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Bob Appleton: Recent terror attacks in Burkina Faso and Mali expose weaknesses from graft

The terrorist attacks in Burkina Faso at the Splendid Hotel and the recent carnage in Mali at the Radisson are about more than terrorism — they are also reminders of the grave consequences of state institutions weakened by the effects of engrained and deep seeded corruption.

While Director of Investigations at the Global Fund and Head of the UN Anti-Corruption Task Force, I spent months in Burkina Faso and in Mali, staying at and visiting the hotels which are the sites of both attacks, investigating government corruption and focusing on vendor fraud, bribery of senior government officials and tainted procurements of goods and services in the health sector. I became familiar with both countries as well as their governments during my many visits — as well as the sites of the recent carnage.

As I reported in a recent post for the FCPA Blog, my three-plus year Global Fund OIG investigation of a $25 million contract for long lasting insecticidal nets (commonly referred to “bednets”) with the Inspector General of USAID gave rise to the recent indictment of Malamine Ouedraogo by the United States Attorneys Office in the Southern District of New York last month. 

While not charged in the indictment, our investigation had identified that the bednet contract had been steered by a relative of the former President to a vendor in China that assumed the identify of a co-bidder, Tana Netting, and then manufactured the nets in Tana’s name, copying their packaging and logo, but failing to properly complete the construction by adding the necessary medicine and mosquito repellant on to the netting material – effectively rendering the two million nets distributed throughout the country to its populace of little practical use.

The corruption put the population of the country of Burkina Faso at risk of malaria. Likewise, in Mali, literally dozens of vendors presented fake invoices to trigger millions of dollars in payments for services never rendered, and some senior government officials helped facilitate the scheme and benefited from kickbacks and other “fee” payments charged to the donor programs. While 16 lower level vendors were ultimately arrested in Mali as a result of our investigation, the government refused to continue the investigation and cooperate with us as the evidence trail led deeper and higher into the Ministry. The 16 lower level individuals were quietly let out of prison once we left the country and the press articles and focus subsided.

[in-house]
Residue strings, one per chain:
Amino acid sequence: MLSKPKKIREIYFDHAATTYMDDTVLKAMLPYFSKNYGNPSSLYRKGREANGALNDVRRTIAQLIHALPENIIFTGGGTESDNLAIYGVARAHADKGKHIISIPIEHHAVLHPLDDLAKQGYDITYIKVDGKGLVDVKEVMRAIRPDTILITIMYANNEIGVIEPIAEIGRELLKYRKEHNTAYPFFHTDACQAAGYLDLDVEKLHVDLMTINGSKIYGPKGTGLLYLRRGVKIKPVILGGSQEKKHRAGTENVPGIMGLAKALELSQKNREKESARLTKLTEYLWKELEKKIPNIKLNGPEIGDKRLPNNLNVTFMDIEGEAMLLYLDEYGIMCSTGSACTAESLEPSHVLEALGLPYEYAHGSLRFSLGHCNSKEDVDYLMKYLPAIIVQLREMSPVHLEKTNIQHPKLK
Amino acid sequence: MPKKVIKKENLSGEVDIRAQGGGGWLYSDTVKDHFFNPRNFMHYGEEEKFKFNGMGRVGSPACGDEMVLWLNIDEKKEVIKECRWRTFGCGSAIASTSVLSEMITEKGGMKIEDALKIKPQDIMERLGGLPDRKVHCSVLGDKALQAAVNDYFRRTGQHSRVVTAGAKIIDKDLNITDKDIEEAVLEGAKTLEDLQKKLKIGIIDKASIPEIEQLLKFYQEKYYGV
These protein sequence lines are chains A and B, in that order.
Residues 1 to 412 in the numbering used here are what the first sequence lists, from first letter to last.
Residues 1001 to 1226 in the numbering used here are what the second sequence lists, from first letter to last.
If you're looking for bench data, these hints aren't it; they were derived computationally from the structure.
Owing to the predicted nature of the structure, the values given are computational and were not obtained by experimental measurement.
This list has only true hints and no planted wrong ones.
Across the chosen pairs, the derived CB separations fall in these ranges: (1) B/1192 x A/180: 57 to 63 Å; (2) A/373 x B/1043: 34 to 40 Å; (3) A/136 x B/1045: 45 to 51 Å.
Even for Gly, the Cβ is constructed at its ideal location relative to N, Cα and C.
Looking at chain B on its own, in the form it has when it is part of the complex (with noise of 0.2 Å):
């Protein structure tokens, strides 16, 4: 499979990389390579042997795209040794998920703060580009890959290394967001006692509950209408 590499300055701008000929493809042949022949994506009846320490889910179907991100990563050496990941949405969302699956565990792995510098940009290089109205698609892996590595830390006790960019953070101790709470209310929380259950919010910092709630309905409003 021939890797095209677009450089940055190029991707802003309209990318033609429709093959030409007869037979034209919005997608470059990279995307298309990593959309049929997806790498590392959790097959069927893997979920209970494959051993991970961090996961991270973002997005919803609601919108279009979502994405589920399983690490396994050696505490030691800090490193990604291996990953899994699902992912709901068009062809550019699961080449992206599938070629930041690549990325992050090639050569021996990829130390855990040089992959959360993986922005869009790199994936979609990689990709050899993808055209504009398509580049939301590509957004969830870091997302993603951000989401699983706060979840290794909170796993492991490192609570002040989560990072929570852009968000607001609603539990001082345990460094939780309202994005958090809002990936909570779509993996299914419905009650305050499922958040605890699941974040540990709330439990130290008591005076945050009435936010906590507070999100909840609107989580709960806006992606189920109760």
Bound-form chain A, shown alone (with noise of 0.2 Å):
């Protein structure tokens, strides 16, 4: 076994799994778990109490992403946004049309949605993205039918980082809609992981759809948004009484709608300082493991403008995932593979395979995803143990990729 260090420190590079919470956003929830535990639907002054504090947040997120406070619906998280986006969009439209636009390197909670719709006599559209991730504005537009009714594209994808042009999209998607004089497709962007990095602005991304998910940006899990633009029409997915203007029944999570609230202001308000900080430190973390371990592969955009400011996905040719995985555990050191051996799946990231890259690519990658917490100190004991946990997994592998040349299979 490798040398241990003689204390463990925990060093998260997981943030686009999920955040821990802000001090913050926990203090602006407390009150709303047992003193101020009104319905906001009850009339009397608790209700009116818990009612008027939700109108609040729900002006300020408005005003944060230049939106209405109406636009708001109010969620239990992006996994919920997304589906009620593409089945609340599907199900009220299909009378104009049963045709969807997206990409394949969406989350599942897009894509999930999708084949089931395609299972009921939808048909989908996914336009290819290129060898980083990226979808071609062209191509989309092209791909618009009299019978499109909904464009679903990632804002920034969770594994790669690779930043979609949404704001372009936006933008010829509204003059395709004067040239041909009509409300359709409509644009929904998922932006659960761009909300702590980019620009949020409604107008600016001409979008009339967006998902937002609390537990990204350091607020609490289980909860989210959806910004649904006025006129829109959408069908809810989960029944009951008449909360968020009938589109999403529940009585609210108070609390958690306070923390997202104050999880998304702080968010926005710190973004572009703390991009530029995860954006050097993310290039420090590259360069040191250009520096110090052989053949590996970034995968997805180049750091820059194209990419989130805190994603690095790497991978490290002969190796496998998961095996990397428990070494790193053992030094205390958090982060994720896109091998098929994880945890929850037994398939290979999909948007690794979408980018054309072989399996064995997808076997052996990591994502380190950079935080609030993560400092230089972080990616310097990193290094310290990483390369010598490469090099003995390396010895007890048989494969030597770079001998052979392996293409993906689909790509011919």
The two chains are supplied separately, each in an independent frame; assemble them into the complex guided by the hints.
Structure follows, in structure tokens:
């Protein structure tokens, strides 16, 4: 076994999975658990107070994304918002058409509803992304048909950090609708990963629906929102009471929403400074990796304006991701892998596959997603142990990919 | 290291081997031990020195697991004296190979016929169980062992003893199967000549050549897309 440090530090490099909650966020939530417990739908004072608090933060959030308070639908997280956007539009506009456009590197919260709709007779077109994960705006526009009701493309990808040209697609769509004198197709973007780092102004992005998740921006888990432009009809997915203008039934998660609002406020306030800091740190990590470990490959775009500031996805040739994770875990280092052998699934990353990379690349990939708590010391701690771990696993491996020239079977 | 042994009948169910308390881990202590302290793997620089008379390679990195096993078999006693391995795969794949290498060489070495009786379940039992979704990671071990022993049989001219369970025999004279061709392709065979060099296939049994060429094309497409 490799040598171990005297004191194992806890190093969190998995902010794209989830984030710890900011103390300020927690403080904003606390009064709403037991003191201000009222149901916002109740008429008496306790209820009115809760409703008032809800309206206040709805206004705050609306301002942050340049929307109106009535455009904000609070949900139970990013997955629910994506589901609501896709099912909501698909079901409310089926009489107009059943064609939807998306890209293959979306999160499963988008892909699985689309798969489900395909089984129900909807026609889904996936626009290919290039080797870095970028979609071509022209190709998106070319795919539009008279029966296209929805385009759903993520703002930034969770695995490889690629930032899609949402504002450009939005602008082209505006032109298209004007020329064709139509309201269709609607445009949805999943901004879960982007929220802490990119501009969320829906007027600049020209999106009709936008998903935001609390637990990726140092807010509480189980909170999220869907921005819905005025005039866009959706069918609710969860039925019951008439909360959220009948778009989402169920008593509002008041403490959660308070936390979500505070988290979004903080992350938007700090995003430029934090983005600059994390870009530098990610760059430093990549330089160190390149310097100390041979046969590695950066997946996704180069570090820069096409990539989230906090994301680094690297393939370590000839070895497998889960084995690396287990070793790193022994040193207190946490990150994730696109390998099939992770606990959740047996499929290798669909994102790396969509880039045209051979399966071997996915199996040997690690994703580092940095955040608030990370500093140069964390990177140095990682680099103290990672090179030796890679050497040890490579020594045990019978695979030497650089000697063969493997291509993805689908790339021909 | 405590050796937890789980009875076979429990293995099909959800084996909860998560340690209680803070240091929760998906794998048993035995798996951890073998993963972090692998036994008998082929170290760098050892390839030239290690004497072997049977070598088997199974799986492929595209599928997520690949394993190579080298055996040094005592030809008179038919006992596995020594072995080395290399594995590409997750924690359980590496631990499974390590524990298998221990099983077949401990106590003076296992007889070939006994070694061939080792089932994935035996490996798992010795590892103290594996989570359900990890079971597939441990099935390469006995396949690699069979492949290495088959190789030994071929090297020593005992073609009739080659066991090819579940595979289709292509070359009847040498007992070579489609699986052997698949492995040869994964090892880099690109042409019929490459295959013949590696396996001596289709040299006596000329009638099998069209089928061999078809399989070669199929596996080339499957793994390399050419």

The recent terrorist attacks in both countries, while certainly much more devastating in terms of the consequences — are not unrelated to the incidents of corruption that were identified in my investigations. State institutions weakened by corruption can lead to a diminished capacity to address and respond to other risks, such as terrorism. 

Corruption signals more than a lack of integrity in government — it can mean a focus diverted away from security and stability. When Boards of Directors meet to discuss the acceptable levels of corruption in high risk/low integrity regions and whether to do business there, they might also consider factoring into the equation the consequences of weakened state institutions, and the other potential significant fallout that can be a by product of persistent corruption and a determined lack of accountability.

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By coincidence, I spoke with Richard Bistrong a couple of days before the Burkina Faso terror attack, about corruption there. Here’s an eight-minute clip from that conversation.


Robert M. Appleton is a partner in Day Pitney LLP, based in the firm’s New York office. His practice focuses on FCPA matters, economic and financial sanctions, and compliance issues. In 2005, he served as former U.S. Federal Reserve Chairman Paul Volcker’s Special Counsel in the Independent Iraqi Oil for Food investigation. In 2008, Appleton was selected by the U.N. Secretary General to serve as Chairman of the United Nations Procurement Task Force. He was Director of Investigations and Senior Legal Counsel at the Global Fund from 2010-2014. He also served as a supervisory Assistant U.S. Attorney, in the U.S. Department of Justice, Office of the U.S. Attorney for the District of Connecticut, for more than 13 years. He can be contacted here.

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